Congress may tighten control of government-sponsored enterprises such as Fannie Mae and the Federal Home Loan Bank System.

Lawmakers have long questioned whether the enterprises should be privatized or forced to pay user fees in exchange for the implicit backing of the government, which allows the firms to pay below-market rates for funding. The enterprises use these cheap funds to dominate the secondary markets for housing, education, and agricultural loans.

Though such drastic changes will not occur soon, many in Congress seem ready to boost the authority of regulators to ensure the enterprises don't stray from their mission and crowd out true private-sector businesses.

It's no wonder Congress is concerned-the General Accounting Office reported last week that lending by government-sponsored enterprises totaled $1.8 trillion last year, accounting for 12% of all outstanding credit in the United States.

Members of two House subcommittees tackled those questions in a joint hearing last week.

"We need to ask whether they continue to meet their public policy objectives," said Rep. Stephen Horn, who heads the government management, information, and technology subcommittee of the House Government Reform and Oversight Committee.

Rep. Richard Baker, chairman of House Banking's capital markets subcommittee, said Congress should pass uniform capital requirements and oversight laws for the enterprises, which parlay their low-cost borrowing into enormous profits for shareholders.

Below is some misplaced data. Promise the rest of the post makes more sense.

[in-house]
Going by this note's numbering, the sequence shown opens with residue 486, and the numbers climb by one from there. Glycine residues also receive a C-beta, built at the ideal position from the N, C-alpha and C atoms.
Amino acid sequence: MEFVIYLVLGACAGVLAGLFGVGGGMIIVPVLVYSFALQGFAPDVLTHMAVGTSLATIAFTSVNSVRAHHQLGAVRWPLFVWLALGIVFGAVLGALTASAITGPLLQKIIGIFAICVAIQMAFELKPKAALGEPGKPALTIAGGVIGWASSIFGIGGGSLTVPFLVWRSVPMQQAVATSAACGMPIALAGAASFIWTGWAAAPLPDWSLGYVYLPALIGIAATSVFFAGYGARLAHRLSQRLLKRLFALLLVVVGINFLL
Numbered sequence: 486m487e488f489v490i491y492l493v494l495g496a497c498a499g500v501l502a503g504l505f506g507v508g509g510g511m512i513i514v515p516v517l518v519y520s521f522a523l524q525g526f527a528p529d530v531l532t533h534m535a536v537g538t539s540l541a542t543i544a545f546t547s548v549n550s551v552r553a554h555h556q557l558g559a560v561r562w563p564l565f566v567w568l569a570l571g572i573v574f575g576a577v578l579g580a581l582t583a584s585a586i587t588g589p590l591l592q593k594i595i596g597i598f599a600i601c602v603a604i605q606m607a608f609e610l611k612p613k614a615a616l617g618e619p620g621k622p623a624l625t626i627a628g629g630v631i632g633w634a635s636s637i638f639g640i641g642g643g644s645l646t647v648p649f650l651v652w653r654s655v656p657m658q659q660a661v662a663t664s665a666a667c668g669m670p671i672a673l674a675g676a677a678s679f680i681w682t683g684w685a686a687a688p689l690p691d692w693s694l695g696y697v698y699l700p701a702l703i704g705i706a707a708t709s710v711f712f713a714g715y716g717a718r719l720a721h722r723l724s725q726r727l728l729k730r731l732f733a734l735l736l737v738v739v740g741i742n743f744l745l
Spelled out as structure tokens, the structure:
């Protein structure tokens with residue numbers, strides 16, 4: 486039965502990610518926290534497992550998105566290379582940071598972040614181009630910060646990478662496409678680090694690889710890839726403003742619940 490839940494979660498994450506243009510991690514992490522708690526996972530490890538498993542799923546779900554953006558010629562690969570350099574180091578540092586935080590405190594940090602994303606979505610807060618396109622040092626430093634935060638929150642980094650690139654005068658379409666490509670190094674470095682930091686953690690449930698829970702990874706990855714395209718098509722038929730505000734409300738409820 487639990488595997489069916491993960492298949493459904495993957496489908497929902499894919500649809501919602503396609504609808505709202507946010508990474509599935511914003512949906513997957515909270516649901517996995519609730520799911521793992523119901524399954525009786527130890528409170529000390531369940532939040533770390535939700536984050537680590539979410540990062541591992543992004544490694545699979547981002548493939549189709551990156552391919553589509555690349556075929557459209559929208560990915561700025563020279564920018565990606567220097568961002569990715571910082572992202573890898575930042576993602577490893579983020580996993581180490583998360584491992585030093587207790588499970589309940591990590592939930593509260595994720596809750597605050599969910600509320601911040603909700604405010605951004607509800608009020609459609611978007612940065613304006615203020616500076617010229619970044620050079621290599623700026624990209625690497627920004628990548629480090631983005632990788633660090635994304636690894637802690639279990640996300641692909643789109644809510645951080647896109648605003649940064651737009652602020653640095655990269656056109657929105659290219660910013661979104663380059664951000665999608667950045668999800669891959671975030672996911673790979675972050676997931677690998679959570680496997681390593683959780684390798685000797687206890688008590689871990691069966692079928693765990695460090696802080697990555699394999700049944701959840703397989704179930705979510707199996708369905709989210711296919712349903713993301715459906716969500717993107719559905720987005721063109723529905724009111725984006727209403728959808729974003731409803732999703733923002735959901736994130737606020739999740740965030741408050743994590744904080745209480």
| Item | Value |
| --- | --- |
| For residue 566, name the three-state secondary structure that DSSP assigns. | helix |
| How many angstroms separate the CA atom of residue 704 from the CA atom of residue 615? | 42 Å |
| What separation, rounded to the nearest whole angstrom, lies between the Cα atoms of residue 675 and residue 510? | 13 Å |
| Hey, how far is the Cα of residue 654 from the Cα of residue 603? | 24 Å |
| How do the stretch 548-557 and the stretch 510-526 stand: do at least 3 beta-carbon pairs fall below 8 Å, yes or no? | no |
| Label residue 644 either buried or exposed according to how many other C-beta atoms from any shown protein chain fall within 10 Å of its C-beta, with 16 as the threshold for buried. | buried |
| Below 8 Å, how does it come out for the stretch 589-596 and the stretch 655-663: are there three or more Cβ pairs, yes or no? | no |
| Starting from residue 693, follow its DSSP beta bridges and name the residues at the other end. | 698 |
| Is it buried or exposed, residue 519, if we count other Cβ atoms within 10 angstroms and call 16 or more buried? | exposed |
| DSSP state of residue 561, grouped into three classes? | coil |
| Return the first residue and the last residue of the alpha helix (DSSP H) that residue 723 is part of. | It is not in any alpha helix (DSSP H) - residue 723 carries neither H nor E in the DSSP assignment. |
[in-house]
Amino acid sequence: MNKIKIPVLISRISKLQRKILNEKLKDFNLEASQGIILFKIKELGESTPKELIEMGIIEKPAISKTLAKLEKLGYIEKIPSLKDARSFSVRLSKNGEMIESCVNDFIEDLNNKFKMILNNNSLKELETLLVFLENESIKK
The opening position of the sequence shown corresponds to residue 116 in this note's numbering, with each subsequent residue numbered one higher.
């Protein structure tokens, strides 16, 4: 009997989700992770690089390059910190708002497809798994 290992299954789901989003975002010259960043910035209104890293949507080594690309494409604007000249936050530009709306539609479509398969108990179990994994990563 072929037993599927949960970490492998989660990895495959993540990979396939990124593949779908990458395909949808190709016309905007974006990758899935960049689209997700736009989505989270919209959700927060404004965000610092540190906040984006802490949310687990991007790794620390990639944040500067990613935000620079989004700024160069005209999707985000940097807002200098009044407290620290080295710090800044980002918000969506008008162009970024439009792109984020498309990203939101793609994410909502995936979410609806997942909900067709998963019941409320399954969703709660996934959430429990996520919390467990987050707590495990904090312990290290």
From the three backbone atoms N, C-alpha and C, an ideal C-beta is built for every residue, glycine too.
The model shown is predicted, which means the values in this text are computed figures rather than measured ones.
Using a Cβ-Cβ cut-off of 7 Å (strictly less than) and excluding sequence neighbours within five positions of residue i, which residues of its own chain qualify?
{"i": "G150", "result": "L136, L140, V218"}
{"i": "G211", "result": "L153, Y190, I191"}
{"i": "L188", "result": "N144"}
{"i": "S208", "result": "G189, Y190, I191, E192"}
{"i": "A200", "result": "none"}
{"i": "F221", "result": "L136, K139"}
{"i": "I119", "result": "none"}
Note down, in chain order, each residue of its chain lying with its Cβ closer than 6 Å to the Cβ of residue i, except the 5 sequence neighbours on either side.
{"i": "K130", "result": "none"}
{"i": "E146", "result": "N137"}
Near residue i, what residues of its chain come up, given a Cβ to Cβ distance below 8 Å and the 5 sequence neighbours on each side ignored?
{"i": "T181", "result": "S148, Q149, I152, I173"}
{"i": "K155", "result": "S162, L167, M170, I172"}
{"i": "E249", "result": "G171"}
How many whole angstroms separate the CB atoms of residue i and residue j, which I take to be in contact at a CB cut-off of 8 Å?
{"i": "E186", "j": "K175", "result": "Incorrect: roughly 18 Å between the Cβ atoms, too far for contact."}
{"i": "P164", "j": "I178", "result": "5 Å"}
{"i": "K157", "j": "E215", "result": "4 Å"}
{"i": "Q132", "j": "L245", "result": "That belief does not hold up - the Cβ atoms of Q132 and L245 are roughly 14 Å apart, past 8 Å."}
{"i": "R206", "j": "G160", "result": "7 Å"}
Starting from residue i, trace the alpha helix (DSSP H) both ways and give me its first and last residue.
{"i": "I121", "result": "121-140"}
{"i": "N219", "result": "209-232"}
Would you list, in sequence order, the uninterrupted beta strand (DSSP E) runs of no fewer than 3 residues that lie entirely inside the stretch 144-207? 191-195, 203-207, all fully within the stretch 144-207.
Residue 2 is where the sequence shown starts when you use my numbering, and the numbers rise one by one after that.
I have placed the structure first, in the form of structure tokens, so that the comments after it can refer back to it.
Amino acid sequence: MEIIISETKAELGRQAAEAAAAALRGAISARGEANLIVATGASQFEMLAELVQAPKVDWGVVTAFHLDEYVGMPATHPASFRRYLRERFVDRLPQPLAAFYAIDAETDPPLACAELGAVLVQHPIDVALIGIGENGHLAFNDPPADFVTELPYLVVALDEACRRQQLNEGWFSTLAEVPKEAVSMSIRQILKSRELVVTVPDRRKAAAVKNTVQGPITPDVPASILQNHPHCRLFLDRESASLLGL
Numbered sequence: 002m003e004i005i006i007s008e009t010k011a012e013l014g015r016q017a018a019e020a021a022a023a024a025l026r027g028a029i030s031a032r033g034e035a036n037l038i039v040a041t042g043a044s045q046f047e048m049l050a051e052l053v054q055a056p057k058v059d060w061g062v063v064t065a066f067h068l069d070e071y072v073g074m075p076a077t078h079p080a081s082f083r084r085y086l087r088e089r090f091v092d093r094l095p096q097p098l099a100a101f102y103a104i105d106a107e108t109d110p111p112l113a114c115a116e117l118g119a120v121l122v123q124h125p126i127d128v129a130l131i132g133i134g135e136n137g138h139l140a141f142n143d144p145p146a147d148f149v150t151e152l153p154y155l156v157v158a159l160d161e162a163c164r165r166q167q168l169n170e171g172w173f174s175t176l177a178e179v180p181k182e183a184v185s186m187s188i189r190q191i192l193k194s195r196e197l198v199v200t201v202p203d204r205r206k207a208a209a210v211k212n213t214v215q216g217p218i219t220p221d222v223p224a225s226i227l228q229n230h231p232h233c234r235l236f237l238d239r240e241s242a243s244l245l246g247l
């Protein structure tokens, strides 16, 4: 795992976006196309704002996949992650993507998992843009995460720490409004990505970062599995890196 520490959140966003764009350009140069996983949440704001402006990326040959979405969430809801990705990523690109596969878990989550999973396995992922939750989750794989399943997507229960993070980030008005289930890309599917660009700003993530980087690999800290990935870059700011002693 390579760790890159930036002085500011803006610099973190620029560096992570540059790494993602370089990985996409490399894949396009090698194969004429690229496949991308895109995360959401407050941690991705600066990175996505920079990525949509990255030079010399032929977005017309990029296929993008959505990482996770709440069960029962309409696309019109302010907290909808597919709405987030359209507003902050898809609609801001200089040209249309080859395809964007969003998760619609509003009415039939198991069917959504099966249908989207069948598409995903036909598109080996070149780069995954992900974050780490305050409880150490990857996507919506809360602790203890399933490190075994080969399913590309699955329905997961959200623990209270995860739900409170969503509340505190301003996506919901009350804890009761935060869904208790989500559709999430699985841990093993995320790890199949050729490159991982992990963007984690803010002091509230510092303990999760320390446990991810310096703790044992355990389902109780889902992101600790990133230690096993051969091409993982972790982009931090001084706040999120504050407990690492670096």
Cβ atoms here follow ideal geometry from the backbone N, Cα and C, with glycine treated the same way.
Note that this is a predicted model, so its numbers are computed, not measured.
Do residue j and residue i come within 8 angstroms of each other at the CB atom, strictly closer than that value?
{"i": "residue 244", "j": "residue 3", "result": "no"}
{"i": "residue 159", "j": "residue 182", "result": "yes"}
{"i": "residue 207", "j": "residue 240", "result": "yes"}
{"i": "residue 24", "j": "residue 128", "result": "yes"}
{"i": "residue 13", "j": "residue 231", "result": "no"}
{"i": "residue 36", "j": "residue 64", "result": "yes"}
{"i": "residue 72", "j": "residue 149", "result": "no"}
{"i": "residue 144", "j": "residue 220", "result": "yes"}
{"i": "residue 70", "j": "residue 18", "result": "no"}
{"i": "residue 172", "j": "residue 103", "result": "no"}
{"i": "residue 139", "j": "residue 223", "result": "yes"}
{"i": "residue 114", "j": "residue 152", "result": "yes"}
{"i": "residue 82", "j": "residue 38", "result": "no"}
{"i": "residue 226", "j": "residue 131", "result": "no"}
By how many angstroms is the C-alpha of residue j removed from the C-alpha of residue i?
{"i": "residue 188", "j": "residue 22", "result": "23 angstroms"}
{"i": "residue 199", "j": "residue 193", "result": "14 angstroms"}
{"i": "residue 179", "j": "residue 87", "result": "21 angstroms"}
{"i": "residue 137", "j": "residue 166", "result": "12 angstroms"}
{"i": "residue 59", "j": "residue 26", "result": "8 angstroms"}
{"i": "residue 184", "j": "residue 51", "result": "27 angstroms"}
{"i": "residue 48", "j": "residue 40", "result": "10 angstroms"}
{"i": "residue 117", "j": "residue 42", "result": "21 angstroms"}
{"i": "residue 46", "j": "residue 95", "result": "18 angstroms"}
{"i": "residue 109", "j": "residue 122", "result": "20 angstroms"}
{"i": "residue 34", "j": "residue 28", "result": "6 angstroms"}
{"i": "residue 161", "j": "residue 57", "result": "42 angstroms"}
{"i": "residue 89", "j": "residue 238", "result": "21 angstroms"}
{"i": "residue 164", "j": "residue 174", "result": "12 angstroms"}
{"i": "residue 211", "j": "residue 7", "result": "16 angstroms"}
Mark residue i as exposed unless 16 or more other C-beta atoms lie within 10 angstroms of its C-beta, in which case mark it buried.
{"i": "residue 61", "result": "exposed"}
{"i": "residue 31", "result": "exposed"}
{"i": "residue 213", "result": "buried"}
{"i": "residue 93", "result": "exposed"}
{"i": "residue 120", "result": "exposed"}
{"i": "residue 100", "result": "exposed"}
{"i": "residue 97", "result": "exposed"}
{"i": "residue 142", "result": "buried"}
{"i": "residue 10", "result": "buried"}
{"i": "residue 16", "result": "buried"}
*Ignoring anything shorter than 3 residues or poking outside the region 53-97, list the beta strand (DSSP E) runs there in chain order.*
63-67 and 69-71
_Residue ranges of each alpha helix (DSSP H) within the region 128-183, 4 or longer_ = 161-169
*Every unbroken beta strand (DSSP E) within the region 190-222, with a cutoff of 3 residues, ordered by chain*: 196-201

Rep. Baker said he hopes to introduce legislation next year.

"We're trying to formulate a single GSE policy, which has been an elusive goal," he said.

Though last week's hearing took a broad look at government-sponsored enterprises in general, more detailed reviews are in the works.

For instance, on Thursday Rep. Baker's panel will hold a hearing to examine a possible merger of the Federal Housing Finance Board, which regulates the Home Loan Bank System, and the Office of Federal House Enterprise Oversight, which regulates Fannie Mae and Freddie Mac.

GAO Chief Economist James L. Bothwell said the merger could become a model for regulating other government-sponsored enterprises.

By creating a "healthy tension" between the Home Loan banks, Fannie Mae, Freddie Mac the merger would prevent the regulator from being "captured" by one operation, according to a GAO report released last week.

Also a combined regulator would have more clout with the White House and Congress, could create more consistent rules, and consolidate staff, the report said.

Two economists urged lawmakers to enact more dramatic measures. Thomas H. Stanton, a fellow at Johns Hopkins University's Center for the Study of American Government, said government-sponsored enterprises should face the same capital standards as banks.

Francis X. Cavanaugh, a consultant and former senior Treasury official, said government-sponsored enterprises such as Fannie Mae should lose federal backing once they are established in the marketplace."

"Ideally, the government should show the way and then get out of the way," he said.

Rep. Carolyn Maloney, D-N.Y., said Congress isn't ready to go that far. "Before we take away government-sponsored status, we must make sure their function will be adequately performed by the private sector," she said.

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